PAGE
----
Most high school health classes (particularly in public schools, where programs are often underfunded and rushed) barely scrape the surface of dating violence when there are other hot-button health dangers to deal with: high-risk sex practices and HIV, for instance.
A recent study from Ball State University printed in the August issue of Pediatrics indicates just how low of a priority it is: 81.3% of high schools do not have a standard protocol or procedure in place for responding to reports of dating violence. Almost half of the respondents cite a lack of faculty members who have been formally trained on how to respond to such an issue, and 28% admit that compared with these other health issues, the threat of dating violence is "minor."
Recent studies by the CDC reported that around 10% of teens across the country had been physically hurt by a significant other within the last year. As the various cruelties of high school dating have become increasingly blunt—and public—thanks to Facebook and texting, the ongoing lack of attention to the issue can lead to radical tragedies. In 2009, Emily Silverstein, a 19 year-old Gettysburg student (with whom I attended high school) was strangled and stabbed to death by her ex-boyfriend Kevin Schaeffer. However, unlike STIs or drunk driving, it's sometimes not as easy to pin down and teach the causation and avoidance of dating violence; friends and family continued to insist that, before the murder, Schaeffer hadn't even hit Silverstein, but after their relationship ended, he sunk into volatile, erratic depression.
Jagdish Khubchandani, a head researcher on the Ball State study, said:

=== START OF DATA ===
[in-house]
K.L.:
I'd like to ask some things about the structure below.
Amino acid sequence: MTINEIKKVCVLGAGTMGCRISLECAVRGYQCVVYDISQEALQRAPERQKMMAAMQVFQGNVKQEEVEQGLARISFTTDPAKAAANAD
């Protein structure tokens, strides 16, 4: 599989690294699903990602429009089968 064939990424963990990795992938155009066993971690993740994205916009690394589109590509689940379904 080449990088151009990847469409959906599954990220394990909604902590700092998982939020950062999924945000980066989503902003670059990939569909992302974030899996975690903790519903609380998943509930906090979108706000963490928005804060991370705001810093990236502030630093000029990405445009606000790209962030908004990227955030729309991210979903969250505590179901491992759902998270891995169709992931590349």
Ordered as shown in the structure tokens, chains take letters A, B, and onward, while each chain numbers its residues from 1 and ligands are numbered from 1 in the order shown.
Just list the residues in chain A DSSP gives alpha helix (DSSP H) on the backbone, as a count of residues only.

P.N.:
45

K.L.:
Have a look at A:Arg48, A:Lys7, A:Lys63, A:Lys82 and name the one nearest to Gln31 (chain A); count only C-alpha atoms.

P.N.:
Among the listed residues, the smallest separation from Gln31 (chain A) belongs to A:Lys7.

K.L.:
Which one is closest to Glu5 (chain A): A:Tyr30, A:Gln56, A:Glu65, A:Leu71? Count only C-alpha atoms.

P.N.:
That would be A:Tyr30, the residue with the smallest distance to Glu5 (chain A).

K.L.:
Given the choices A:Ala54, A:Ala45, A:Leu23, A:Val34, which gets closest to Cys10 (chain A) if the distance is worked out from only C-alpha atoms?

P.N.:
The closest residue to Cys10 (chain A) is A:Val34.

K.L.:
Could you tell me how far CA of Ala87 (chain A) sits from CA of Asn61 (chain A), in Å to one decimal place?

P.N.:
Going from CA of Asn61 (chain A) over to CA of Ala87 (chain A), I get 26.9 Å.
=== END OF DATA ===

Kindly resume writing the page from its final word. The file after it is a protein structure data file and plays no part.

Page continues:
[This is] the first research project to identify the need of formal training on adolescent dating violence for school personnel. Hopefully, this study will be a pioneer in helping establish school policies, protocols and procedures for adolescent dating violence prevention.
But there's already been a small push in the right direction. For the last three years, Boston's Public Health Commission has partnered with local social service agencies to put on an annual "Break-up Summit" seminar for area teenagers, which aims to teach constructive ways to resolve conflict in a relationship as well as end it—in person—in a way that doesn't encourage any destructive escalation. ( The nationwide equivalent, Start Strong, has spread to high schoolers in 11 cities.)
The head of Boston's start strong chapter, Nicole Daley, cites that breakups can cause "depression, low self-esteem, falling academic grades, and even unwanted pregnancies in cases where one partner tries to manipulate the other." Cheating, Daley points out, is seen in popular media as an excuse for violence, and must be discouraged.
The seminar encouraged teens to define with their partner whether they were "casual," "serious," "friends with benefits," or any other specific term that could limit future ambiguities or misunderstandings. Which, frankly, is something us fully-formed human beings could probably benefit from doing more often. In the wake of the Ball State study's findings, hopefully Start Strong will soon be boasting more than its scant $18 million national budget. Fingers crossed.
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